Next day:

I awoke to find out my dad arranged to have an English speaking tour guide named Svetlana show me around Plovdiv. Vladimir took us to the city center and from there, we hoofed it up to the ancient part of the city where there’s some Roman ruins of an amphitheater and maze of ancient looking cobblestone streets with very old-school looking European houses lining them.  We went to the museum of Bulgarian Renaissance.  Eh, I’ll skip that, cuz it was pretty boring, considering all the text was in Bulgarian, and I no speaka Bulgarian. The old city is very nice. It is set on a hill, so much of the walking was on either a steep incline or decline. The hill has been settled for over 4000 years, and Svetlana explained that the settlers chose the site because it was easy to defend.  I guess rocks roll down a hill a lot easier than up a hill.

Later in the afternoon, we drove up into the mountains to the Bochkovo Monastery, which was quite beautiful. The mountains surrounding Plovdiv are more alive than the ones in between Sofia and Plovdiv. There were several quaint towns with red-shingle-roof houses, and step farms carved into the mountainsides.

When we arrived at the monastery, we were greeted by a chorus of bleating sheep and a kind old gentleman with a long white beard in a black robe (picture the typical monk) who was kind enough to show us around.  This place was straight out of a fairy tale.  It was so ancient and mystical looking, that I understand the drawing power it has on the locals, who make regular pilgrimages here to pay homage to their faith and kneel before their prized possession, a very old Icon.

An Icon is a religious painting (I think…someone correct me if I am wrong) that supposedly holds miracle-working powers. The one they have here was found in the hills hundreds of years ago by the monastery’s Patriarch, and it is said to have healed the blind and opened the ears of the deaf. Maybe, maybe not.

Anyway, that was today. It’s 7:00pm here now, and I will be heading back to the hotel.  Please keep writing to me! I am heading for the coast of the Black Sea tomorrow!

Thanks for reading,

Jared

Jared in Bulgaria – Part Trois

Day Three:  My water supplies have run out, and I am lost in a Bulgarian desert with no food. Wait…is that some Feta cheese I see in the distance? Ohhhhh…..I am saved!

Reality:

Last night Vladimir (our friendly cabbie) returned to the scene for a little tour of the surrounding mountains. Sofia is quite dramatically set at the foot of a huge mountain called Vitusha. It’s one of those gigantic pointed-peak, snow-capped types that and is quite breathtaking. I can see it from the balcony of my room.

Vladdie trucked us up to the foot of Vitusha to this quaint little restaurant by a lake. We were served up the real Bulgaria goods this time. They have the best Feta cheese here, and for those of you who know me well, that should tell you I am a happy camper when it comes to food. This cheese is a staple in their diet, so it came on the salad, and in a fried form mixed in with corn meal (I never had anything like this before).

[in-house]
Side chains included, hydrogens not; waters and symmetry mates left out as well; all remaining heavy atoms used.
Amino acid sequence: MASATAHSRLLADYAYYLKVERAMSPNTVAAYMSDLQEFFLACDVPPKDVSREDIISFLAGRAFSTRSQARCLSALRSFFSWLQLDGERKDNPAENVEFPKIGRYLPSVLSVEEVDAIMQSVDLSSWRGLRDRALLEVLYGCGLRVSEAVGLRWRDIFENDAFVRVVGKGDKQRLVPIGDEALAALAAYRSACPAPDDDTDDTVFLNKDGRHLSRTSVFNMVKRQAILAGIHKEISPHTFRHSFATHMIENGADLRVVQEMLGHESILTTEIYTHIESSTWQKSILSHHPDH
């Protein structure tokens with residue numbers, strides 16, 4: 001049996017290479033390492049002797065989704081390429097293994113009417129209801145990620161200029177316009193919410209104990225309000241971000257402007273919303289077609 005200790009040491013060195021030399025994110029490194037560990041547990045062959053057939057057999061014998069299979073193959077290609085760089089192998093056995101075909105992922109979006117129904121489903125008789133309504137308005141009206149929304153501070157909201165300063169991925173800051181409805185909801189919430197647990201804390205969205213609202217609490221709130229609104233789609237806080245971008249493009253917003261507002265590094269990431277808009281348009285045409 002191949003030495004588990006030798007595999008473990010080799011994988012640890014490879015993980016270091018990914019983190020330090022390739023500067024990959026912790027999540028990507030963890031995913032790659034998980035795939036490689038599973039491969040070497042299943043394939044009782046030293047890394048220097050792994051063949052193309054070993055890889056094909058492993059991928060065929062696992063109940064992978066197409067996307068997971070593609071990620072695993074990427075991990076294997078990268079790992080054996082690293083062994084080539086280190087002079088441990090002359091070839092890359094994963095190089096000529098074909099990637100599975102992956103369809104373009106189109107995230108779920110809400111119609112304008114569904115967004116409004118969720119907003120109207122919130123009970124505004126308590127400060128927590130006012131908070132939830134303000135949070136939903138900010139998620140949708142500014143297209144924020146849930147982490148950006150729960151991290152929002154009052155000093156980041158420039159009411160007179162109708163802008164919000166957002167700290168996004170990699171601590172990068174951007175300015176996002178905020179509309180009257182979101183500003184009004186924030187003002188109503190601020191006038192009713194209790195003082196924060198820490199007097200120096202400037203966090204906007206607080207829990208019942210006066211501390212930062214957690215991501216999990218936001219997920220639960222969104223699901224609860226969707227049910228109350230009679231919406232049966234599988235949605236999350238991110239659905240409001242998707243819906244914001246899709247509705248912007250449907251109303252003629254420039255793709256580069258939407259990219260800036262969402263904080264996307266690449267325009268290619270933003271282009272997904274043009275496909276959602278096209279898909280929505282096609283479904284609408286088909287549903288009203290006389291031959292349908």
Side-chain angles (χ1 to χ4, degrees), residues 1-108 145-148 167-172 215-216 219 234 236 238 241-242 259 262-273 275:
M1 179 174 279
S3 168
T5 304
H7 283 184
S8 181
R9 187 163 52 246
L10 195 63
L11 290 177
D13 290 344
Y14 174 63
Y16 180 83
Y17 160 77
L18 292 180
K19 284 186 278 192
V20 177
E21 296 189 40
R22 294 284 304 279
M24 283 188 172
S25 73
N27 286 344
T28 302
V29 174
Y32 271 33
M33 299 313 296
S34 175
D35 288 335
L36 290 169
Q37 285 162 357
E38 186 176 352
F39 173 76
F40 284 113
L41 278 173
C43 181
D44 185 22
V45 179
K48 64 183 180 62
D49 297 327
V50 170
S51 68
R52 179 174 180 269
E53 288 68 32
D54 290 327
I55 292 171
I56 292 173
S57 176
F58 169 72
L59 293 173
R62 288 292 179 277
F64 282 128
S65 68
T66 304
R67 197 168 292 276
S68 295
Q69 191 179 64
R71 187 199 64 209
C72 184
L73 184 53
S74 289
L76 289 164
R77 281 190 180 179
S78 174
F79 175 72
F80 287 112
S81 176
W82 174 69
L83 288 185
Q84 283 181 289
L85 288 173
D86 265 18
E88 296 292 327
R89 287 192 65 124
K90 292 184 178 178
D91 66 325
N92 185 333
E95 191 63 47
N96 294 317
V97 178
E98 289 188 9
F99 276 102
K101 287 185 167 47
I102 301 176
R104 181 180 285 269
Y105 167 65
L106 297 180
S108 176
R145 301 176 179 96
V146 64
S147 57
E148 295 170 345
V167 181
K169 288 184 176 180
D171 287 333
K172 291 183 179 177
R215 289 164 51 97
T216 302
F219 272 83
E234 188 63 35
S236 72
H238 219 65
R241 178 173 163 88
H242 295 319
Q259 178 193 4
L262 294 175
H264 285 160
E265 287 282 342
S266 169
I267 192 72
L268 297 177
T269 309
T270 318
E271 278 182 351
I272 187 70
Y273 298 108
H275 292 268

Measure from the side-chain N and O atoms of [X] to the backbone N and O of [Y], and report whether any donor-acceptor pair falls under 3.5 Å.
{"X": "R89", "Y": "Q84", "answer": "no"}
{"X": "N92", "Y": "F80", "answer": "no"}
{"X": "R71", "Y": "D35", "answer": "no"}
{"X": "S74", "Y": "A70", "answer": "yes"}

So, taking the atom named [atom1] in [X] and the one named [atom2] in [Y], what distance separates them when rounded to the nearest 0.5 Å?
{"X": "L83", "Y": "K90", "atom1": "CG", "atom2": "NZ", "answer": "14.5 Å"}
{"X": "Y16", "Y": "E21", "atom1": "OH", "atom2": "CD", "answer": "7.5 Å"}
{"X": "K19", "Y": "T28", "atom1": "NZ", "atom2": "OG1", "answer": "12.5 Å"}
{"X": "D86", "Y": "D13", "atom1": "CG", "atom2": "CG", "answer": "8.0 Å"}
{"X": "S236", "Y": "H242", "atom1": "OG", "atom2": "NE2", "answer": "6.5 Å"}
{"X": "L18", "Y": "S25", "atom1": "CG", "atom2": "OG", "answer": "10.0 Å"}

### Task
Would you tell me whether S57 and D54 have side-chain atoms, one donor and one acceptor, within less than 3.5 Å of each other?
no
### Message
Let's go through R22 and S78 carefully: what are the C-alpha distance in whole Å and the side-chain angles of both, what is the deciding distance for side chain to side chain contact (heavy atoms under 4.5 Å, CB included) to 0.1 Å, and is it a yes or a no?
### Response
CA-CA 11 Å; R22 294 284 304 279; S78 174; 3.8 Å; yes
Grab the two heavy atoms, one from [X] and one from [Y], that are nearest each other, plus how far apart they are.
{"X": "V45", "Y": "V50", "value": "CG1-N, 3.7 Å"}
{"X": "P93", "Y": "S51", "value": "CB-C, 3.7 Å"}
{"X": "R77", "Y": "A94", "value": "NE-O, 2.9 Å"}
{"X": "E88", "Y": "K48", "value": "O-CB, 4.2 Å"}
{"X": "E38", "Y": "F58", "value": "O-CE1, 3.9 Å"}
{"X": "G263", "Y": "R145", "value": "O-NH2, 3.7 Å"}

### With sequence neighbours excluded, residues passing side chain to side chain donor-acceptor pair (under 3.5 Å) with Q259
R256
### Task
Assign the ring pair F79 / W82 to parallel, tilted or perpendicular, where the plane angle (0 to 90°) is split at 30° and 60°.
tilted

The main dish was chicken, with onions and peppers in a tomato base…it was okay, but it didn’t blow my mind. I couldn’t finish all the food that came, so I wanted to make sure it was not thrown away. In a country where many people cannot afford to eat, that would be a grave shame. I had my dad ask the waiter what he would do with the leftovers, and I was told not to worry that it would be eaten. When we were walking out of the restaurant, I peered around the corner and saw them dumping the food into dog dishes. Well, at least Fidofsky didn’t go hungry last night.

We hired Vladimir to drive us across country to the Black Sea coastal town of Varna, by way of Plovdiv, the second largest Bulgarian city, and supposedly its cultural capital. The next morning Vladdie showed up at 10:00am, and my bags were packed and ready to go.  As I was carrying them around the car to the trunk, he met me there to assist in lifting the bags (he’s a little overzealous). Immediately, I was met with the heaviest punch of body odor that I have yet to smell from European or Israeli people alike. Whoa…I almost fell backward as the pungent odor filled my nostrils and went straight to my brain’s “nasty sensors”.

I was not looking forward to riding two hours in a car with this beast-like smell.  As we got underway, I rolled the window all the way down and practically stuck my head out like a dog would, with my face to the wind. My dad screamed at me to close the window, because it was cold. Hell no. Next time hire a cabbie who bathes from time to time.

The Bulgarian countryside is full of rolling hills and mountain backdrops. It’s clear that the land is for the most part neglected, because it has an overall tinge of brown to it. You know, the color of dead plant life. There is also a strange haze that seems to hang over the whole country, as if to reflect the lack of clarity and direction that its people seem to have.  Along the way, I listened to music provided by my good friend Kevin Kline (it was the Zeppelin mix CD, Kev…). With the wind blowing in my face, I was able to survive the ride with Funky Vladdie.

Right now, I am sitting in an Internet center in Plovdiv.  Many of you may wonder where I am accessing the Internet from so often from. Well, there is a strange contrast of extremes here in Bulgaria. While you can find things like Internet access, and the standard trappings of western goods (I speak mainly of food), the situation is indeed as bleak as I have been painting it. Plovdiv, however, seems to be a lot nicer and better kept than Sofia.

First of all, our hotel is not a dump. It can actually be said that it’s “nice”. I wouldn’t go further than that though. There is definitely a more youthful and alive energy to Plovdiv.  Young faces roam the streets, in modern dress and style. The town center is not grungy, and there are many shops and street vendors selling religious icons and various handcrafted items. And, of course there’s the local McDonald’s. 🙂

So, that’s that. I am about to go and explore Plovdiv for a bit….maybe have a snack or something, and then meet up with dad and Vlad later for some dinner. I hope Vlad is smelling better by that point.

Stay tuned…

Jared